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Hi Steve ~
Do you have a life cycle assessment or inventory with the corresponding environmental valuations so that we can see which alternative is "better"?
We are doing such an evaluation for the recycling of glass containers for the Wisconsin Governor's Task Force on Waste Materials and Recovery ( http://www.wasteresources.wi.gov/) <http://www.wasteresources.wi.gov/) > and it would be very timely and helpful for us to see other such valuations.
John Reindl, Recycling Manager
Dane County Dept of Public Works
From: GreenYes@no.address [mailto:GreenYes@no.address]On Behalf Of Stephen N Weisser
Sent: Thursday, May 18, 2006 2:00 PM
To: 'Jenny Gitlitz'; email@example.com; GreenYes@no.address
Subject: [GreenYes] OK...but, alternative? aluminum cans still the best choice RE: [GreenYes] The Aluminum Can's Dirty Little Secret: CRI-IRN news release
Industries in general need to be more responsible and good points are raised here.
What disapoints me is that at quick glance this appears to me and I assume to most people that an aluminum can is bad - but what's the alternative? Aside from refillable bottles...I still think the best beverage container is aluminum over plastic (not a closed loop) and over glass (loosing value, some recycling programs are slashing glass, and some of it is broken and not sorted from commingled programs.)
Correct me if I'm wrong that plastic, glass, and aseptic are not better choices when you look at overall life cycle. The aluminum industry sounds like they have some work to do...But it's still the best choice.
Granted it's a personal issue that I'm tired of looking at plastic bottle litter and that PA needs a bottle bill. When I see an aluminum can laying on the street I know someone will pick it up to cash it in...The plastic bottles just lay there.
From: GreenYes@no.address [mailto:GreenYes@no.address] On Behalf Of Jenny Gitlitz
Sent: Wednesday, May 17, 2006 6:34 PM
To: firstname.lastname@example.org; GreenYes@no.address
Subject: [GreenYes] The Aluminum Can's Dirty Little Secret: CRI-IRN news release
FOR IMMEDIATE RELEASE: May 17, 2006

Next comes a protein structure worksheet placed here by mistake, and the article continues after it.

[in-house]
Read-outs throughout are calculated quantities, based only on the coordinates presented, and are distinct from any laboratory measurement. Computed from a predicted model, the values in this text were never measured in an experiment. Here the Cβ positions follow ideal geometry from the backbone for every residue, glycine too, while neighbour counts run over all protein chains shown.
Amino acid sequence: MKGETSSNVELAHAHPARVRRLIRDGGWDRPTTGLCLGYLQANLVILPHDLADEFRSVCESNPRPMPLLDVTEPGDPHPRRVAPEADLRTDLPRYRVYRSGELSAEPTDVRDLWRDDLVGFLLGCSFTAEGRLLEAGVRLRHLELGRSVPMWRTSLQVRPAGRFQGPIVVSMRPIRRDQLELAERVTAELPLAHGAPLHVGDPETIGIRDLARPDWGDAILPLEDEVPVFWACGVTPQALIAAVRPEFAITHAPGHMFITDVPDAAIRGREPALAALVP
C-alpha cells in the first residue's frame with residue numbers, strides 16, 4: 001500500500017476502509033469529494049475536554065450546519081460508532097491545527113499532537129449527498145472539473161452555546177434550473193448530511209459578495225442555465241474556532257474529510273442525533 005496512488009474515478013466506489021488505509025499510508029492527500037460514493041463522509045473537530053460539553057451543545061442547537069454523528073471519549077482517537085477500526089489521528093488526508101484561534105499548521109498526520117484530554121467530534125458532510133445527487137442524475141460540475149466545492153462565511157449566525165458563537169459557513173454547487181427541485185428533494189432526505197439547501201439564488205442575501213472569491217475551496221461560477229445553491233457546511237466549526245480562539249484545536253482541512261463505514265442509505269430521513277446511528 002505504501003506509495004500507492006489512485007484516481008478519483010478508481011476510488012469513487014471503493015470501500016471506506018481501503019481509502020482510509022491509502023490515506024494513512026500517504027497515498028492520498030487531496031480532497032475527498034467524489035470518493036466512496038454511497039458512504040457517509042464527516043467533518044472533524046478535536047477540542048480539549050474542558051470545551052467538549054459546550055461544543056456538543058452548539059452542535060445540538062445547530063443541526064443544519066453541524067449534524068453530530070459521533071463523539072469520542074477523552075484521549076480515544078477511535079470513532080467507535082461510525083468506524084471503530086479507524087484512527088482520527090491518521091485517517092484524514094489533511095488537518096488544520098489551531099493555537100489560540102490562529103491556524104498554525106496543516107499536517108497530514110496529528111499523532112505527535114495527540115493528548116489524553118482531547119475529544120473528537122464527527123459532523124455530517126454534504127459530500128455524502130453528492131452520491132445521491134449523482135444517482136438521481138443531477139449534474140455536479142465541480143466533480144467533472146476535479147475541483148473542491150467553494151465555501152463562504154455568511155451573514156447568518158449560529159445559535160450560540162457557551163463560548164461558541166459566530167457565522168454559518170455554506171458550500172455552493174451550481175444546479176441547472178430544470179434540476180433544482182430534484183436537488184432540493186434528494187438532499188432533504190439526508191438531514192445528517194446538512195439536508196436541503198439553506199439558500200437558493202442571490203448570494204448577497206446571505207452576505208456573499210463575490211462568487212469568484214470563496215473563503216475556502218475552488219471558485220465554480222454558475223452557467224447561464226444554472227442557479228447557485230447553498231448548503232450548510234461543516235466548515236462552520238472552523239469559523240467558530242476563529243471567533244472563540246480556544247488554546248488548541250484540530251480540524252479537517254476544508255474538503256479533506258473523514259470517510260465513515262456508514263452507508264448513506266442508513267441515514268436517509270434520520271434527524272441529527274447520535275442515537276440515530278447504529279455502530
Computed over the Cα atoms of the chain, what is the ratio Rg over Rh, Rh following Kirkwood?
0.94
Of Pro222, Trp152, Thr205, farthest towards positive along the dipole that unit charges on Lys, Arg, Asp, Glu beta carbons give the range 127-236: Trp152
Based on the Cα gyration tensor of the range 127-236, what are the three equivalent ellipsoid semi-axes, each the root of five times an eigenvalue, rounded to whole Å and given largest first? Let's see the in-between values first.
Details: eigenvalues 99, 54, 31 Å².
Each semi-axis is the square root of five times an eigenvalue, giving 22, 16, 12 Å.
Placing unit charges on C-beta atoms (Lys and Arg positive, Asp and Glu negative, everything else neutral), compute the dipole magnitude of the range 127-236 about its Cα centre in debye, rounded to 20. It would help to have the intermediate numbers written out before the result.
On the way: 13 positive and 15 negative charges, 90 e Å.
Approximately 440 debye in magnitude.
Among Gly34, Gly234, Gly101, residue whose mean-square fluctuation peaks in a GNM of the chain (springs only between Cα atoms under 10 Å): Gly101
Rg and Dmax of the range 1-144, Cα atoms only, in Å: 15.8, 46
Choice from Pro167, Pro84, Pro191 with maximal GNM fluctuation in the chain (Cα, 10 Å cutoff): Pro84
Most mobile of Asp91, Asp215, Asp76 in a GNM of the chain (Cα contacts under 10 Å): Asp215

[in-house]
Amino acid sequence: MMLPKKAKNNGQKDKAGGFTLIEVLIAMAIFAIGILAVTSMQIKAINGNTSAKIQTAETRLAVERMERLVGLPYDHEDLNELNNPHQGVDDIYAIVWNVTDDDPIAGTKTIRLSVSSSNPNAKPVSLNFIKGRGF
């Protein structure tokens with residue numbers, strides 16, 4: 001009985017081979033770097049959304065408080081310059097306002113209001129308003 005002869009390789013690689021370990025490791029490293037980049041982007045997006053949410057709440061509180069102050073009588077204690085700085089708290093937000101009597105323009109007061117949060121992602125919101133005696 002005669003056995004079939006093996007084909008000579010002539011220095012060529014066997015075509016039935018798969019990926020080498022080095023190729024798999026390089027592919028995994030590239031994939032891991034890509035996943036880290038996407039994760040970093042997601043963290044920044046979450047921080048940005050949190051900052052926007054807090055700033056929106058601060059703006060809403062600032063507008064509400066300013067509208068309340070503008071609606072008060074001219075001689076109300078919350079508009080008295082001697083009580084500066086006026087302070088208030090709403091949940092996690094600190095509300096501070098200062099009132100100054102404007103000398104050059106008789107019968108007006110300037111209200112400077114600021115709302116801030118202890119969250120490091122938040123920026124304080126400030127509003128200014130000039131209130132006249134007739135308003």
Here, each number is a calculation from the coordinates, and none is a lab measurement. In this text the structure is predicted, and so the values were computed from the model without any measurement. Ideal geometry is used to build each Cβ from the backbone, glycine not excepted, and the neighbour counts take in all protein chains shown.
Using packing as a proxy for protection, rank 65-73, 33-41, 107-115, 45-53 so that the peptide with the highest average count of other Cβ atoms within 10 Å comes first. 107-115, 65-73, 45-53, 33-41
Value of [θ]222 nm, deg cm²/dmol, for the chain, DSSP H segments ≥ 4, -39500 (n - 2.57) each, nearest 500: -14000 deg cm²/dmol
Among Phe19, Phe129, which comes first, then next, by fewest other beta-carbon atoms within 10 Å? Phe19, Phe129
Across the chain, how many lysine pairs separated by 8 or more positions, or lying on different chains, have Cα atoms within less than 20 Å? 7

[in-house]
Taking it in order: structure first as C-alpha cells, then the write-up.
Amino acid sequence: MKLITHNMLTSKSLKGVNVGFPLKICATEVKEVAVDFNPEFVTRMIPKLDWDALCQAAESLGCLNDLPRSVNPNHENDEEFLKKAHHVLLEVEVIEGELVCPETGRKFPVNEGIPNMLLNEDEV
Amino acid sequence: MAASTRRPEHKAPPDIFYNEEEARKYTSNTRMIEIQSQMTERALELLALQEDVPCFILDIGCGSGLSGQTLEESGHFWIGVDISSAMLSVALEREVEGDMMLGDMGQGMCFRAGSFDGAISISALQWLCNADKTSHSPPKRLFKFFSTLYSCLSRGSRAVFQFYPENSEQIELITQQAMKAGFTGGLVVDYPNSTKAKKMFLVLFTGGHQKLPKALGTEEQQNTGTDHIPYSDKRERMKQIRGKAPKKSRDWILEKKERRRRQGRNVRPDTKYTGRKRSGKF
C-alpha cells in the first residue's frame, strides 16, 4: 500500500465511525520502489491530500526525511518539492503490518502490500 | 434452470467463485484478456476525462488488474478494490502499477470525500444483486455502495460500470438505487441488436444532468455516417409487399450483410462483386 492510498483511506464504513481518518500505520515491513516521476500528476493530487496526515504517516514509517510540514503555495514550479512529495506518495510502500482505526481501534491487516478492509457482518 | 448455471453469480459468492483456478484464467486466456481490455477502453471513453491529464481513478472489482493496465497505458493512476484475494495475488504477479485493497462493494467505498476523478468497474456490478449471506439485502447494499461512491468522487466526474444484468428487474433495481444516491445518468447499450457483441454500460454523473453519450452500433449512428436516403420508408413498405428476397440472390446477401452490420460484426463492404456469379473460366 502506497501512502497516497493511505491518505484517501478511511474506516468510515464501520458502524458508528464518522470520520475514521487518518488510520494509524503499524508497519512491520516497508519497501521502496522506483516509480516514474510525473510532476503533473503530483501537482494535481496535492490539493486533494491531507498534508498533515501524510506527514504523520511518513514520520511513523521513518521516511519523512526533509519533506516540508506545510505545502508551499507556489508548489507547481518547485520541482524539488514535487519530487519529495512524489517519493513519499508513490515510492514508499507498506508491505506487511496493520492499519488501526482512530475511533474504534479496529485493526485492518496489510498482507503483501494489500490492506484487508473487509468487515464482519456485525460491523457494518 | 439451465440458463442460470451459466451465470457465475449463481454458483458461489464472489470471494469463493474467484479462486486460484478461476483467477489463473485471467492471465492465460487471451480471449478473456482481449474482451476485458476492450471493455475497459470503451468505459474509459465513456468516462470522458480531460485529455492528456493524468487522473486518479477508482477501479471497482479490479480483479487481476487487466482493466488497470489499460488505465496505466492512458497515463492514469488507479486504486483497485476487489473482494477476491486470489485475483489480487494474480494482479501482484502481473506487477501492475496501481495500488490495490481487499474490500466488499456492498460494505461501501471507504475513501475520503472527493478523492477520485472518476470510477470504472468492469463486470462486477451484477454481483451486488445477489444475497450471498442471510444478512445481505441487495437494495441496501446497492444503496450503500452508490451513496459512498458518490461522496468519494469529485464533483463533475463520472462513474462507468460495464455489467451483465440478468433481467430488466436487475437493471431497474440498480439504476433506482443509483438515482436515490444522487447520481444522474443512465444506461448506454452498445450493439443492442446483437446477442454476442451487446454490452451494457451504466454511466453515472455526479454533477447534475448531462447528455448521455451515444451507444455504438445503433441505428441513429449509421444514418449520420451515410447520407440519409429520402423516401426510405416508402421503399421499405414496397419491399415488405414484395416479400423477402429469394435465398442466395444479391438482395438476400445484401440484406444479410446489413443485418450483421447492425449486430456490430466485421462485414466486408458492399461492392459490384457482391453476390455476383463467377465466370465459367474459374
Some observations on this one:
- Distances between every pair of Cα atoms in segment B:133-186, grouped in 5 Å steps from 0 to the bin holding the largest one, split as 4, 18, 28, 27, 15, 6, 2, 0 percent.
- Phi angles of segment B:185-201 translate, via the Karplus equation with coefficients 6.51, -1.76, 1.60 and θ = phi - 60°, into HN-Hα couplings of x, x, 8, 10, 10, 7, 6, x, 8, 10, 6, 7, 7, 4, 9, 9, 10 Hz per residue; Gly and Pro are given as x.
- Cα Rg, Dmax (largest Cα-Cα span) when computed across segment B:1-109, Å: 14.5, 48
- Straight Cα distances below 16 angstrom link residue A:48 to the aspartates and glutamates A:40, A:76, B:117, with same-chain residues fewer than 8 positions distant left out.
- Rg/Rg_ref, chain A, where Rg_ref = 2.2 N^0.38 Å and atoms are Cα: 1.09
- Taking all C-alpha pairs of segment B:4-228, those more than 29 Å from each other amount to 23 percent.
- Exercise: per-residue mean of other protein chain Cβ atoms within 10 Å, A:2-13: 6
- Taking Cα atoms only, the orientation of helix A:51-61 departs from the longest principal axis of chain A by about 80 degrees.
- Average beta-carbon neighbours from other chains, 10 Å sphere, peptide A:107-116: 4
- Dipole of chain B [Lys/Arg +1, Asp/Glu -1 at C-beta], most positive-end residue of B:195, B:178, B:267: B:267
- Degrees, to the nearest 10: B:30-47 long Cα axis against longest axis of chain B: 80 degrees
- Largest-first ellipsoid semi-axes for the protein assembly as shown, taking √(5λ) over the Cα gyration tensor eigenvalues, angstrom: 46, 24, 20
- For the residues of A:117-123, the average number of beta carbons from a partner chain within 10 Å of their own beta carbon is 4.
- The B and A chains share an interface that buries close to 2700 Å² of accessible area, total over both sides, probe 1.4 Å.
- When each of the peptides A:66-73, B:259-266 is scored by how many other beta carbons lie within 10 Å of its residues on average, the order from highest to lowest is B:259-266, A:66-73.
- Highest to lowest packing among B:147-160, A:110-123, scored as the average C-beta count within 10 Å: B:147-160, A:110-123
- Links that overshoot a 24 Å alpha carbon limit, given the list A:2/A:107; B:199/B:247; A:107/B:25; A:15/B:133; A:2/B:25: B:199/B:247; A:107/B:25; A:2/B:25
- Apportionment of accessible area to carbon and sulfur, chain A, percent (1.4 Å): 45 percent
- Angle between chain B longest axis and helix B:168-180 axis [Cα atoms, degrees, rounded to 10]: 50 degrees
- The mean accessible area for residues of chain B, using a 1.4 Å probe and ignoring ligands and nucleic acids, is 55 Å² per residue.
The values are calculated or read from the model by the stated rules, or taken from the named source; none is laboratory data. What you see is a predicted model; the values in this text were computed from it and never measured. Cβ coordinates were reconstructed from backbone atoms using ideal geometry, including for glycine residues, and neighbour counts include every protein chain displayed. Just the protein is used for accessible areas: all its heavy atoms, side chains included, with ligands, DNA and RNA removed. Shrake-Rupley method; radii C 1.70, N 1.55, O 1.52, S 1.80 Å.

CONTACT: Jenny Gitlitz, CRI Research Dir., Dalton, MA (413) 684-4746
Pat Franklin, CRI Executive Dir., Washington, DC (703) 276-9800
Glenn Switkes, IRN Latin America Dir., Sao Paolo, Brazil 011.55.11.3822.4157
Peter Bosshard, IRN Policy Dir., Berkeley, CA (510) 848-1155
The Aluminum Can's Dirty Little Secret:
On-going Environmental Harm Outpaces the Metal's "Green" Benefits
WASHINGTON, DC (May 17, 2006)- Industry "greenwashing" obscures the real environmental costs of aluminum production, according to the Container Recycling Institute (CRI) and the International Rivers Network (IRN), two non-profit environmental organizations.
According to CRI executive director Pat Franklin, optimistic data released yesterday by the Aluminum Association, an industry trade group, has a dark side. "The Association reported an increase of less than one percentage point in the national aluminum can recycling rate-from 51.2 to 52.0 percent," she said, "but they failed to mention that we still are trashing 800,000 tons of aluminum beverage cans a year." Franklin said this was equivalent to the annual output of 3-4 major primary aluminum smelters.
"Frankly, I was surprised to see how slight the increase was, given the record-breaking prices for scrap aluminum cans in 2005," she noted, adding that the actual number of cans collected last year (51.4 billion) was 100 million fewer than the number collected in 2004 (51.5 billion).
The beverage and aluminum industries tout the can as "the most recyclable" package in America, said Jennifer Gitlitz, CRI research director. "But recyclable doesn't necessarily mean recycled. More than half of the 99 billion cans sold in the U.S. last year were landfilled or incinerated." Gitlitz said a similar amount wasn't recycled in other countries, for a global total of about 1.5 million tons of wasted cans.
"These trashed cans must be replaced with new cans made entirely from virgin materials," Gitlitz said, "and that is where the environmental damage occurs."
She cited bauxite mining and processing as a major source of water pollution. "Each ton of aluminum cans requires 5 tons of bauxite ore to be strip-mined, crushed, washed, and refined into alumina before it is smelted," she explained. "The process creates about 5 tons of caustic red mud residue which can seep into surface and groundwater," said Gitlitz. People and animals have suffered from the effects of bauxite mining in Jamaica, Brazil, Australia, and other tropical areas, she noted.